Run The Marianas: A family affair


The Ruszala family poses for a photo during a break in its hike at El Toro. (Contributed Photo)

After two weeks and more than 2,000 combined miles, the Run The Marianas is turning out to be a family affair than a race with fathers and mothers teaming up with their kids, teachers and students, co-workers, and friends moving forward to their 460-mile journey.

Brad Ruszala, his wife Kathy, and their kids, Keoni and Leilani, are among the family teams entered in the virtual run organized by Saipan International School and Northern Marianas Athletics. The Runnings Ruszalas have reached the first island stop of the race from Farallon De Pajaros to Rota after making it to Maug (42-mile mark) last Oct. 25.

Twelve islands are still ahead of the Runnings Ruszalas’ way before the team makes it to Rota and though it’s a long race, the family is enjoying the journey.

“So far, we’ve taken the kids on road runs, trail runs, and hikes. It’s been a lot of fun and we accumulate four times the miles when we participate in each activity together,” Brad said.

Martin Jambor enjoys a light jog in Prague in the Czech Republic. (Contributed Photo)

The Run The Marianas has a concept different from the usual virtual events that have mushroomed at this time of the COVID-19 pandemic. Runners/walkers can log miles not just by running on the road, but everywhere, including on treadmill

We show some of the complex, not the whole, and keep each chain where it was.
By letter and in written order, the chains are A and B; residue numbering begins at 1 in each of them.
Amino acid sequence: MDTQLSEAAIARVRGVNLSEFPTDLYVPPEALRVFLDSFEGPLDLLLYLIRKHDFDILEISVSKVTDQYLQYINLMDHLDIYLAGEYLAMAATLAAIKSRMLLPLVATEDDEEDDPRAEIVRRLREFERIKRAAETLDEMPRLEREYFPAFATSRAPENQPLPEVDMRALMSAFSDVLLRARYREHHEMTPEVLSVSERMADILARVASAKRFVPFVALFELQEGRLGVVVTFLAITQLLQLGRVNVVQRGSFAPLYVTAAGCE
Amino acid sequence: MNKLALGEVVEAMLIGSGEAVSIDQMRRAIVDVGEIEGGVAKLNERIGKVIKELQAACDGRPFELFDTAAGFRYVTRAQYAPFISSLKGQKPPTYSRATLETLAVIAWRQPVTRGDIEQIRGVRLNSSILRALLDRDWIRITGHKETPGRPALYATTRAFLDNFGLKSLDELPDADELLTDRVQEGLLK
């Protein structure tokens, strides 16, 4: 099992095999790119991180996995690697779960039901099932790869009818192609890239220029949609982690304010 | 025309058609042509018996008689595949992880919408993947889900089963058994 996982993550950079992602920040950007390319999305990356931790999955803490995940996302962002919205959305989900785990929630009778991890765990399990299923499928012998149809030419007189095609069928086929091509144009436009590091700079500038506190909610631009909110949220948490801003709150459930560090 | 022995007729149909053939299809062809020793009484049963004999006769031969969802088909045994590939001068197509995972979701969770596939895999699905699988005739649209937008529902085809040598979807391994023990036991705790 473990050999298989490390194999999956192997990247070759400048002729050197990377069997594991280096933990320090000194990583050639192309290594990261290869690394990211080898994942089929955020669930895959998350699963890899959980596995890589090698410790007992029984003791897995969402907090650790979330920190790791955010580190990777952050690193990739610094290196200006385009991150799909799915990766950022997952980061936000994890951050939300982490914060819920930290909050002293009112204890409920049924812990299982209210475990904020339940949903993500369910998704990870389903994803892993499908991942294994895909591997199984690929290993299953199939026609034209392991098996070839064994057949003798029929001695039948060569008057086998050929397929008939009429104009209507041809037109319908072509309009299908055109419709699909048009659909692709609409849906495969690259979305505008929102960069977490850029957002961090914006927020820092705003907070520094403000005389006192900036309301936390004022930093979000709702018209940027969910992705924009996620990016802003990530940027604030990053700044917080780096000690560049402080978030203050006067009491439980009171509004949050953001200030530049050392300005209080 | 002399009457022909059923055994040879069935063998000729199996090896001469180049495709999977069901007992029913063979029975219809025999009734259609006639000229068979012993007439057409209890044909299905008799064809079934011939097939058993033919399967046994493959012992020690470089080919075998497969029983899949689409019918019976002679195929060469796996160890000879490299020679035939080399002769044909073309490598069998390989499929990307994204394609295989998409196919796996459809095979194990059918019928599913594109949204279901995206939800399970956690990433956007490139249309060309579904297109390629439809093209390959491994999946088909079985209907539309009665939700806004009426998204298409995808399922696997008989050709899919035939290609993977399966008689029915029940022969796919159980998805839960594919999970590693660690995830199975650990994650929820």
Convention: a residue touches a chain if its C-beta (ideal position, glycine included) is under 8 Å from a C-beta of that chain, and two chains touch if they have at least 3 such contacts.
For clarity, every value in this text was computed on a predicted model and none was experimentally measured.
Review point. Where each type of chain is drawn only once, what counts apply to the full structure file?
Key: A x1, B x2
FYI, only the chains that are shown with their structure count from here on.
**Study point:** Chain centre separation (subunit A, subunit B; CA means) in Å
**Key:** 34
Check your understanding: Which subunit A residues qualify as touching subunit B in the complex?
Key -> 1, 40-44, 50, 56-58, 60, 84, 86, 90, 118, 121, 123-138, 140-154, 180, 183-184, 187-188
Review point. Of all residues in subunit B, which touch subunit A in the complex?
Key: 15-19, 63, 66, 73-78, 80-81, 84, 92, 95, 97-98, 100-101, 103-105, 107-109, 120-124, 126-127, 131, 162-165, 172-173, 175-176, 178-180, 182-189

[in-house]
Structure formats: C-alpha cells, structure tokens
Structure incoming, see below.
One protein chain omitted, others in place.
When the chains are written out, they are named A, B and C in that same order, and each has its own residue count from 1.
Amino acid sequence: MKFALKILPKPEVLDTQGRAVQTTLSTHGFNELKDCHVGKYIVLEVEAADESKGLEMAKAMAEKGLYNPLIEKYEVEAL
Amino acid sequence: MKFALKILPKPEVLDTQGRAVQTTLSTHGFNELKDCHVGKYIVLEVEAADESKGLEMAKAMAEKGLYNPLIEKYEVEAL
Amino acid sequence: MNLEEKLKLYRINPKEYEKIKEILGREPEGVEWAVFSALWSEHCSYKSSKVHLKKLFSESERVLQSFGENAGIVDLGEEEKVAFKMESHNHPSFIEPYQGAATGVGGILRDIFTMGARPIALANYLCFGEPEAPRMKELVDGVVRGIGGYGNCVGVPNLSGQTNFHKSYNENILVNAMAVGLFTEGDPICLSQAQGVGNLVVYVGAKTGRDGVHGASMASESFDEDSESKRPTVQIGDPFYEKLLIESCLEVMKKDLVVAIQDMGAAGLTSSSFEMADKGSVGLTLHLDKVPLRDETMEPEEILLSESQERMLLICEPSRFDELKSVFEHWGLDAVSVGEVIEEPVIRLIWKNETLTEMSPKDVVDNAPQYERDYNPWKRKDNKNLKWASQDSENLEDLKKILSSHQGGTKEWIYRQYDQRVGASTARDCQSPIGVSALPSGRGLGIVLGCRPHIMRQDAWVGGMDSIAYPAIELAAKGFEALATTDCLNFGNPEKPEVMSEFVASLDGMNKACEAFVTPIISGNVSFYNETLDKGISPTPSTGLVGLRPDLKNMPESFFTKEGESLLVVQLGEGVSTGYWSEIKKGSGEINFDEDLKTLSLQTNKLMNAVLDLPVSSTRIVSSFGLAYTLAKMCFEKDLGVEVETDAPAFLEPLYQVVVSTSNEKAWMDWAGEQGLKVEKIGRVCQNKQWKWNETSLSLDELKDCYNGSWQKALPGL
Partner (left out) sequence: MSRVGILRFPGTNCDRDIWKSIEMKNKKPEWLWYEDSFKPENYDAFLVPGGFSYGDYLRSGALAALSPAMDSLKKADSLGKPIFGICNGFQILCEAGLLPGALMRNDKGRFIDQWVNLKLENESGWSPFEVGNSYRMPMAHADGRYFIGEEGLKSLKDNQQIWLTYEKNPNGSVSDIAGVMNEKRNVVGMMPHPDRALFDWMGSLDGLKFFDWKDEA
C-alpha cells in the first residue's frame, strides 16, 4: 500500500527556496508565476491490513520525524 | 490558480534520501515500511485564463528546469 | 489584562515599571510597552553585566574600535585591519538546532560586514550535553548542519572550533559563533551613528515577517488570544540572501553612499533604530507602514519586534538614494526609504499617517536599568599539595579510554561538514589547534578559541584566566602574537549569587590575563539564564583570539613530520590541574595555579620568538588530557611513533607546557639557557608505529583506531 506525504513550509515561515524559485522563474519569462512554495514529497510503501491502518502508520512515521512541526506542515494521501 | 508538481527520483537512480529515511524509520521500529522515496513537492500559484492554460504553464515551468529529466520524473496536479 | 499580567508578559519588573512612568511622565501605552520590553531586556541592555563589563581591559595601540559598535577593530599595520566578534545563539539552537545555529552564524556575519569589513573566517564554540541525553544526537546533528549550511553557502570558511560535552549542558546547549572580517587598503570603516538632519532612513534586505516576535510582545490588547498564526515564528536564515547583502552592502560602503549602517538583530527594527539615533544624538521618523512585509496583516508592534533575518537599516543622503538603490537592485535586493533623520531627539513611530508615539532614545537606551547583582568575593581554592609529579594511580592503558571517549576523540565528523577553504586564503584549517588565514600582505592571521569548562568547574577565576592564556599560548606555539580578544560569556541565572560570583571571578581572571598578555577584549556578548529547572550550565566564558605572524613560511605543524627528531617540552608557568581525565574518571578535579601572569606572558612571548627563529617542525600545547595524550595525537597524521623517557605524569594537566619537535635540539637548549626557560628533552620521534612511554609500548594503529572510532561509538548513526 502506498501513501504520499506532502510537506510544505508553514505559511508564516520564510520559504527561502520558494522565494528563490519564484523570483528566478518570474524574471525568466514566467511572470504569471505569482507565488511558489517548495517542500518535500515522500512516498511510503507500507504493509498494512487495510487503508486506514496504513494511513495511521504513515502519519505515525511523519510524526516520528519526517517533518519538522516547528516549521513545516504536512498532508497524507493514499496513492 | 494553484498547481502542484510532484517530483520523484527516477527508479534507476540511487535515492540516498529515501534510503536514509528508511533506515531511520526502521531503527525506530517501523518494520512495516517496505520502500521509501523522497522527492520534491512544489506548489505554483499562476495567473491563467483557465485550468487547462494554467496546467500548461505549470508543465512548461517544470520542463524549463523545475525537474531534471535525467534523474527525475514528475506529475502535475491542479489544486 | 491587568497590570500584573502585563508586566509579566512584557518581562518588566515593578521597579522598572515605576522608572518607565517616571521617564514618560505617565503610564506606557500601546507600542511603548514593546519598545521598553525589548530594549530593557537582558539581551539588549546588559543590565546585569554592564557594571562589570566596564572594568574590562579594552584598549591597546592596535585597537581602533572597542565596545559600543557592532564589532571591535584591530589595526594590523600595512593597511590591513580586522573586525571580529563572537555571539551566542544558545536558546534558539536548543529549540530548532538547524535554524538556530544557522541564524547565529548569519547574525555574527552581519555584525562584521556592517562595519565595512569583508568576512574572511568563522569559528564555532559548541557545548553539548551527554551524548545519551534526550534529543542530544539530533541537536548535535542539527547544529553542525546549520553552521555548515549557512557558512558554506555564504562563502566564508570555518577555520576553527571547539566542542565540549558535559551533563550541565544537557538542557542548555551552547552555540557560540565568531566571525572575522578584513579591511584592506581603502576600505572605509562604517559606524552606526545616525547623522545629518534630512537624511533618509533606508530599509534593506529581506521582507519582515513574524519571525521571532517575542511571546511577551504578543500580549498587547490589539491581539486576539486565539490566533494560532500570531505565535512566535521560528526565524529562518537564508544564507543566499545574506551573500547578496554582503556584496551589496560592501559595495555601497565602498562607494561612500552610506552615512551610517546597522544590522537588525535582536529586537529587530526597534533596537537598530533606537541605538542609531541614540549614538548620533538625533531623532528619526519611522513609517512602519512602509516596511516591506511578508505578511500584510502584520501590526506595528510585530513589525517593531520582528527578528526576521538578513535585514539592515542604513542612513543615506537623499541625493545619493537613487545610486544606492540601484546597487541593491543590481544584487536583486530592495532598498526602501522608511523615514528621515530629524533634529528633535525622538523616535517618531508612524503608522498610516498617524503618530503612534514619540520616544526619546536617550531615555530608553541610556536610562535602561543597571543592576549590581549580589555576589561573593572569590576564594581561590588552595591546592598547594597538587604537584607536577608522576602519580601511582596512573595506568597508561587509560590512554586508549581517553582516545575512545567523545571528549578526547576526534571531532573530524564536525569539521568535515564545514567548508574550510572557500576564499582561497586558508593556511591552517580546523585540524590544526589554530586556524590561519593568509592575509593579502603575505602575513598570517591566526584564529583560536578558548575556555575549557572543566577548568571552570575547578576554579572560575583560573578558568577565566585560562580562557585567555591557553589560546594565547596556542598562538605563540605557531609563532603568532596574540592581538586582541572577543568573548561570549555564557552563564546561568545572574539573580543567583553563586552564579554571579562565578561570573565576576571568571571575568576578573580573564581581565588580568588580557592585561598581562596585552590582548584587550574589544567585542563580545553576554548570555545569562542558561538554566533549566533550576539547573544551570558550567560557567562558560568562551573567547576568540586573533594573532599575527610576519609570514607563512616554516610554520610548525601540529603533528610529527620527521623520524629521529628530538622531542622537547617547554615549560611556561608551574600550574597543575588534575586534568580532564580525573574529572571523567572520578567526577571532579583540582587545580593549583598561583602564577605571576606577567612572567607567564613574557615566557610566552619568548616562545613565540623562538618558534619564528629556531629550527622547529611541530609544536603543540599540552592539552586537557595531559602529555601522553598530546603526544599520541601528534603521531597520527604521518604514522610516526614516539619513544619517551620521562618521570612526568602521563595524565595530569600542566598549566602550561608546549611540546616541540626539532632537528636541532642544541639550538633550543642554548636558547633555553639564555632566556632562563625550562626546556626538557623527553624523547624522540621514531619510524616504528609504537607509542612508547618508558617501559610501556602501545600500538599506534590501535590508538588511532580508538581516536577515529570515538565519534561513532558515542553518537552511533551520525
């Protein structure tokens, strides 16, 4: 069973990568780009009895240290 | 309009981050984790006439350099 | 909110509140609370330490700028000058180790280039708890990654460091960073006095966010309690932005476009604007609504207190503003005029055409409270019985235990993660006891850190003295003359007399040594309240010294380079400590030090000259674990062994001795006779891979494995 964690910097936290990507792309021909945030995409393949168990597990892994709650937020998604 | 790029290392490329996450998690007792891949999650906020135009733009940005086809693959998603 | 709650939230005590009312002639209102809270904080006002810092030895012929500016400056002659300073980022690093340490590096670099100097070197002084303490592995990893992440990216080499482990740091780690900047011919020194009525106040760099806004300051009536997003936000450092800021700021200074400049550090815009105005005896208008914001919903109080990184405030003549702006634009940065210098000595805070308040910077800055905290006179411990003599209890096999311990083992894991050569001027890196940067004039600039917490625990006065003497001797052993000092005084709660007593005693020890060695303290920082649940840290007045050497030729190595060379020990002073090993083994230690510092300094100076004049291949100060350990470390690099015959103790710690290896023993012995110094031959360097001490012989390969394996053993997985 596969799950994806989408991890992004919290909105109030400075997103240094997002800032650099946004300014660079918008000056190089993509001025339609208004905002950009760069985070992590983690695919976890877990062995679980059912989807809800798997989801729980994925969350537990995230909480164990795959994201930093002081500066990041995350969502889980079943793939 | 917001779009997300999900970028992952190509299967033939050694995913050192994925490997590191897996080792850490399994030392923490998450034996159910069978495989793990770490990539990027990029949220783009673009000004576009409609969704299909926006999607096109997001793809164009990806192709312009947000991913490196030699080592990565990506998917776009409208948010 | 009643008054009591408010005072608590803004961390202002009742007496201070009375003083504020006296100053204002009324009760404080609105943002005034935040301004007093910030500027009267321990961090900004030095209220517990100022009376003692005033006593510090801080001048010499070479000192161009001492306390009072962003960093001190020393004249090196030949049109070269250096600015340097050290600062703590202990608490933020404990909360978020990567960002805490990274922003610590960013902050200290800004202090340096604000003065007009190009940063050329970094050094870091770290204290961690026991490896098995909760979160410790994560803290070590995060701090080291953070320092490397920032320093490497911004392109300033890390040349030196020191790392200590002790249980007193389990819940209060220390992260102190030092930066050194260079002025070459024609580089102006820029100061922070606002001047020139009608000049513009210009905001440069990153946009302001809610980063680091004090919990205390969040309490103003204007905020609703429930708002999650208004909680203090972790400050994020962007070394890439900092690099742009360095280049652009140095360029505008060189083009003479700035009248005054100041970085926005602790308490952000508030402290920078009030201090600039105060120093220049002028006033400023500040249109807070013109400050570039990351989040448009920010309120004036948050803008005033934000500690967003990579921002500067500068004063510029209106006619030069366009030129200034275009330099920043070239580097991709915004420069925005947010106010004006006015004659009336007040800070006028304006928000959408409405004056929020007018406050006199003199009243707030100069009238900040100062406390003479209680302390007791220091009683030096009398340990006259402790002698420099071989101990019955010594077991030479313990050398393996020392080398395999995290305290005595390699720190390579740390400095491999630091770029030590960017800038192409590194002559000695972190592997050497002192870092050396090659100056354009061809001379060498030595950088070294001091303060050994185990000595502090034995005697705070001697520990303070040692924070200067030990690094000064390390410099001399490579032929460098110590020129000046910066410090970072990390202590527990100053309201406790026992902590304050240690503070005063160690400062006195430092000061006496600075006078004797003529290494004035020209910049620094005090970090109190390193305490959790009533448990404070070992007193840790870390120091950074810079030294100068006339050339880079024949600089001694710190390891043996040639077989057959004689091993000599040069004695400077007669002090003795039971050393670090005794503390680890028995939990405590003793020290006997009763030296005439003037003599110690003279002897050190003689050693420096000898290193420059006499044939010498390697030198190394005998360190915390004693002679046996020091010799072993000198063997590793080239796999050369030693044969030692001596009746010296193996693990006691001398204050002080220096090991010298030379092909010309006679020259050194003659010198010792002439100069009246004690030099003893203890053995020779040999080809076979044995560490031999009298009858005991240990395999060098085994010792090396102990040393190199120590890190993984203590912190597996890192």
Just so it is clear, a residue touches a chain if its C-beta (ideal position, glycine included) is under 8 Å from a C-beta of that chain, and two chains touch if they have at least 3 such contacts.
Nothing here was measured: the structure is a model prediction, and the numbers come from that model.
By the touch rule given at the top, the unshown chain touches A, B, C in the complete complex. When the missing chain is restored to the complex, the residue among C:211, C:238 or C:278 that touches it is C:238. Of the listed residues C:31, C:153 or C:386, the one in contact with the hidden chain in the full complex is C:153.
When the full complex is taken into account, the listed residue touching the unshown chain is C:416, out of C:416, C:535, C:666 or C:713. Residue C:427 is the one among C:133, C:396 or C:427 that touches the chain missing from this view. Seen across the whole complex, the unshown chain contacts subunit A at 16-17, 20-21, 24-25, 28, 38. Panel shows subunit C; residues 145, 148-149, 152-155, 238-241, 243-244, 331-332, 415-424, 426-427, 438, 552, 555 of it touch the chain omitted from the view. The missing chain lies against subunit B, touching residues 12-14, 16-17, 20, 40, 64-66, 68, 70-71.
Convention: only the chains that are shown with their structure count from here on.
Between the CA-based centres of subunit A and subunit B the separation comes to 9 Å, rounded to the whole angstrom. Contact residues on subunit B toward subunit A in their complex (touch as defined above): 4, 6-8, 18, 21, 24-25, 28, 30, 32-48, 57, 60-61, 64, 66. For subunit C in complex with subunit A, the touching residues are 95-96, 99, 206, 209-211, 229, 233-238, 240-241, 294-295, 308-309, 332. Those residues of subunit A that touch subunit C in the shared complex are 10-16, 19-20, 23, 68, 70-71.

“This challenge is a great way for Kathy and I to keep our children active and to show them the fun side of fitness. One of the great aspects of Run the Marianas is that we’re able to track down each island as we rack up the mileage,” Ruszala added.

As the Ruszalas are exploring the jungles of Saipan, Martin Jambor, his wife Sarka, and their son Quido, on the other hand, are gaining mileage for the Run the Marianas while feasting their eyes on the beauty of “Hundred-spired Prague” in the Czech Republic.

“Prague’s streets are pretty much empty and more quiet compare to normal pre-pandemic days. I remember Prague always being full of tourists and a very crowded old town. In these days, you can explore the city and all small tiny streets with meeting almost no people. Our daily run in the city is more of a pleasure than challenge. I always wish I can bring all of my friends from Saipan and show them the beauty of Prague,” said Martin, who acknowledged race director and SIS headmaster Ron Snyder for the unique way of holding the Run The Marianas.

Saipan International School students get ready to run at the Oleai Sports Complex track oval. (Contributed Photo)

“It is such a great idea, especially in these pandemic days all around the world. It is so important to have something to focus on, to look forward to—simply to see the light through the tunnel,” said Martin, who named their squad TeamCzechMate.

Besides the Jambors and Ruszalas, the Run The Marianas also drew school and class teams, running buddies, and co-workers, as they spent extra time with each other to log mileage in a bid to move from one island to another.

As of last Wednesday, the SIS 10th Grader is leading the team race after reaching Alamagan (214-mile mark) and is followed by EA Academy, which had already made it to Pagan (175-mile point).

Roselyn Monroyo | Reporter
Roselyn Monroyo is the sports reporter of Saipan Tribune. She has been covering sports competitions for more than two decades. She is a basketball fan and learned to write baseball and football stories when she came to Saipan in 2005.
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